From Saudi Arabia with Love

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In July of 2008 the Travel Channel aired an episode of Anthony Bourdain’s “No Reservations” and it took place in Saudi Arabia. Well, I didn’t see the episode in 2008 when it first aired, but I did see it several weeks ago and I am sure the impact was no less.

It was wonderful for me to learn about a culture and country that is generally locked away behind a shroud. Anthony’s crew explored not only the culture of the country but also its religious heritage. It was in that exploration that I grew a great appreciation for the beauty of religion at its core. Five times a day there is prayer, five times a day there is a reminder that faith governs life, five times a day you are given the opportunity to personally reflect–for good or for bad.

Take a look at the video below and really take the time to explore the ideas presented starting at 4:10.

I will stay far away from commentary on particular aspects of their religion and culture. But I do say I respect the oneness that I can only image can be felt when an entire community/country gives pause and shares in such a moment.

Anthony Bourdain is a character and one has to grow to love him. But what you can say is that he speaks from his heart and he shares from his soul. I was pleased to get a real glimpse of that recently.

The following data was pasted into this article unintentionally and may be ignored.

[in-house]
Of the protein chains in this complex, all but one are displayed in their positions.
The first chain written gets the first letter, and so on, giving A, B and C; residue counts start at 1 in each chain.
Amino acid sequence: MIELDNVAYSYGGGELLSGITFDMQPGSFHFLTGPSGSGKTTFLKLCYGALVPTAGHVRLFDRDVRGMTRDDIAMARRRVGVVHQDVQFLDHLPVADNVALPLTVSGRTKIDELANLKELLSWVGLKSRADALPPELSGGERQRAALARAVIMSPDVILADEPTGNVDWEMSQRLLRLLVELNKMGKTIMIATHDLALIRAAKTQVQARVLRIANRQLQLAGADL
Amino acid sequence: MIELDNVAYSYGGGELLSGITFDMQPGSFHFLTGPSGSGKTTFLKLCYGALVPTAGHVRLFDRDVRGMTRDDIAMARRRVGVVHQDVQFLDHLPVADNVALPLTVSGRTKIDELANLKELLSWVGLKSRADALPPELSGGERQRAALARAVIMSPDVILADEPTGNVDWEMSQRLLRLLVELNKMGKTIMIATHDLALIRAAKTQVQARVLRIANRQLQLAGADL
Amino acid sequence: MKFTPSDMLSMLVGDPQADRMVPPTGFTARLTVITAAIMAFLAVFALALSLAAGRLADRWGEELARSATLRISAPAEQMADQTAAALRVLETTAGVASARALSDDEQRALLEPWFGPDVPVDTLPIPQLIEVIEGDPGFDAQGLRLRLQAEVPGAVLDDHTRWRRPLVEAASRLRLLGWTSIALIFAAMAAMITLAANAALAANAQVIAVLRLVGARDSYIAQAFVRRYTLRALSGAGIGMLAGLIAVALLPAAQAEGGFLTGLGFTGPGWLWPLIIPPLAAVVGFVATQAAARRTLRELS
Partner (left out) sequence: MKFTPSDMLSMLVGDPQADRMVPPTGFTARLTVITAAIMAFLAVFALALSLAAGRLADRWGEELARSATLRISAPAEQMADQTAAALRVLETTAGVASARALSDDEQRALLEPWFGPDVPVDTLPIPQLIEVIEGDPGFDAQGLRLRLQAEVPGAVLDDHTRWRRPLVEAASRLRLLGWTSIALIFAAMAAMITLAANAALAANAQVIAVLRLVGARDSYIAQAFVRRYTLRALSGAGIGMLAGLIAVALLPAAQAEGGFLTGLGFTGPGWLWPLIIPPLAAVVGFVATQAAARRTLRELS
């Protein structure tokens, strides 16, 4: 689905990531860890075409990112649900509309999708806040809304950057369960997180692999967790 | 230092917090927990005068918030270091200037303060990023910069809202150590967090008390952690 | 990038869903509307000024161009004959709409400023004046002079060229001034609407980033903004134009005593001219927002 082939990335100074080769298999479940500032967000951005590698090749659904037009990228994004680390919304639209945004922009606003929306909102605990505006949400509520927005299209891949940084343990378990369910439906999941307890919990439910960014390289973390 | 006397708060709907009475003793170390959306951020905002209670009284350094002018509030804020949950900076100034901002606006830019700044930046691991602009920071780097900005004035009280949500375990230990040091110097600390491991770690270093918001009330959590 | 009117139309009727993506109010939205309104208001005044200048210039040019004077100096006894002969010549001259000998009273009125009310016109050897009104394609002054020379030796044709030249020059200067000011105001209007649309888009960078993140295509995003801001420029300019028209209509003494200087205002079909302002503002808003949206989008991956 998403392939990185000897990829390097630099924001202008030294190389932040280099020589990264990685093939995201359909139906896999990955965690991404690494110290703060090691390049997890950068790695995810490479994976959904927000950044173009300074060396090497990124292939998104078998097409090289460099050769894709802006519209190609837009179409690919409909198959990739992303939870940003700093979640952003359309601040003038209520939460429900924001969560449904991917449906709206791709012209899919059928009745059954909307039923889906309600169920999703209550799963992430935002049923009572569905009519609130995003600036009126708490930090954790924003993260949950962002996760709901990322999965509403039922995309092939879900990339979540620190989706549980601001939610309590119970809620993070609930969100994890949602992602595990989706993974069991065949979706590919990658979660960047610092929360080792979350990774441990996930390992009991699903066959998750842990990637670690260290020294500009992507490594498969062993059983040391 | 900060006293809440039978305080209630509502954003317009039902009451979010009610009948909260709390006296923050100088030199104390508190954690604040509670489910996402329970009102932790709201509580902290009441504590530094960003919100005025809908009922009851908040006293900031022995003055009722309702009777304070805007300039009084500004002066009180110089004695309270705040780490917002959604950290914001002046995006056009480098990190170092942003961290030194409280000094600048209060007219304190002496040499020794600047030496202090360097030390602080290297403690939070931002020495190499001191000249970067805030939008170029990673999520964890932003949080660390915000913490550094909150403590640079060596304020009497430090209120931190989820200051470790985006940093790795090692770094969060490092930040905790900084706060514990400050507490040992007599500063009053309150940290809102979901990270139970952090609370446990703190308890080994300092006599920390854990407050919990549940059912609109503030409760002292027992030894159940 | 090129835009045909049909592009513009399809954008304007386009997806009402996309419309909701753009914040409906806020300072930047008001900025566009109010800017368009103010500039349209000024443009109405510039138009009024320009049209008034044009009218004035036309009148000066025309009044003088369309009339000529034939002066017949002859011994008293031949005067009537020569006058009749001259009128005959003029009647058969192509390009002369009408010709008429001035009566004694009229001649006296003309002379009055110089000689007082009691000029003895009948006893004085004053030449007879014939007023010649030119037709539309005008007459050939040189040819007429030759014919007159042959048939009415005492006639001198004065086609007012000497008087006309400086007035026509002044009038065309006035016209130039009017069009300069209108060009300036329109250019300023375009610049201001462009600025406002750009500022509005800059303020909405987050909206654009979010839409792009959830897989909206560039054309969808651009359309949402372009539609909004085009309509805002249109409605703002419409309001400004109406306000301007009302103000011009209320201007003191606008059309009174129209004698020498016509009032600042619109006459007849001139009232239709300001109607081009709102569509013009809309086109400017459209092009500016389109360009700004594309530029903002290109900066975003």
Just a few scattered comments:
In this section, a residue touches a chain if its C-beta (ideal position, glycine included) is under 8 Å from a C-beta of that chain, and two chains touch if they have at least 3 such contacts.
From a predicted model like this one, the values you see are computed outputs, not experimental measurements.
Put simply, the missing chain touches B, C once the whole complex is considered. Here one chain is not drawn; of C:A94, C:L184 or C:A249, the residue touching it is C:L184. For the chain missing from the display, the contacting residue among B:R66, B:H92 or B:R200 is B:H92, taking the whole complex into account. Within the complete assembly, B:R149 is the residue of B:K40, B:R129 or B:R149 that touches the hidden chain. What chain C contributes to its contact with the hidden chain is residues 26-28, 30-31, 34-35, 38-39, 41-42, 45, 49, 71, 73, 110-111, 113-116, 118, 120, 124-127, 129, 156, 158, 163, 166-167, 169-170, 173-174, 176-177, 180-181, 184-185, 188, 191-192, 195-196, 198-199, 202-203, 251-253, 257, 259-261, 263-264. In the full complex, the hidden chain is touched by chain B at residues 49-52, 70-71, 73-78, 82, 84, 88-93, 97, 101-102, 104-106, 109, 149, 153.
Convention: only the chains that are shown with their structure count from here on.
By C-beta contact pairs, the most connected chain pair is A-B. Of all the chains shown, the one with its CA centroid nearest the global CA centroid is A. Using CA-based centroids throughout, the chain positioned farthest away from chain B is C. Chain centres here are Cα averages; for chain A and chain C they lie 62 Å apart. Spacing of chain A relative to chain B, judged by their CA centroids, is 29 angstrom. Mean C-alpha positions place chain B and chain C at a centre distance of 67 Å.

2 thoughts on “From Saudi Arabia with Love

  1. Densil,

    I wish I could say that I felt said “openness” when living in Saudi. The sad truth is that the time for prayer is not as respected as the “No Reservations” episode may have led you to believe. I did see the episode before I moved to Jeddah, and what I saw on TV did not compare to what I saw and experienced while living there. While there are a small minority that do embrace that feeling of openness and willingness to share as those who greeted Bourdain on his travel adventure, I would argue that the majority of people don’t come even close. Saudi still has a very long way to go. I would go on to say, that you also have to remember that Bourdain is male, which in and of itself is a skewed way of looking at life in Saudi.
    Anyway, just thought I’d add my two cents.

  2. Catalina:

    I fully agree with your statements. You know how you enjoy the idea of a thing? The belief that Santa is real as a child and then when you group up you realize he isn’t real…but you enjoy the excitement that others feel as they believe in him? I think for me it is like that about the idea that religion could be so “pure” and that it could be respected and seen as something which unifies. Thanks for your two cents it is better than no cents!

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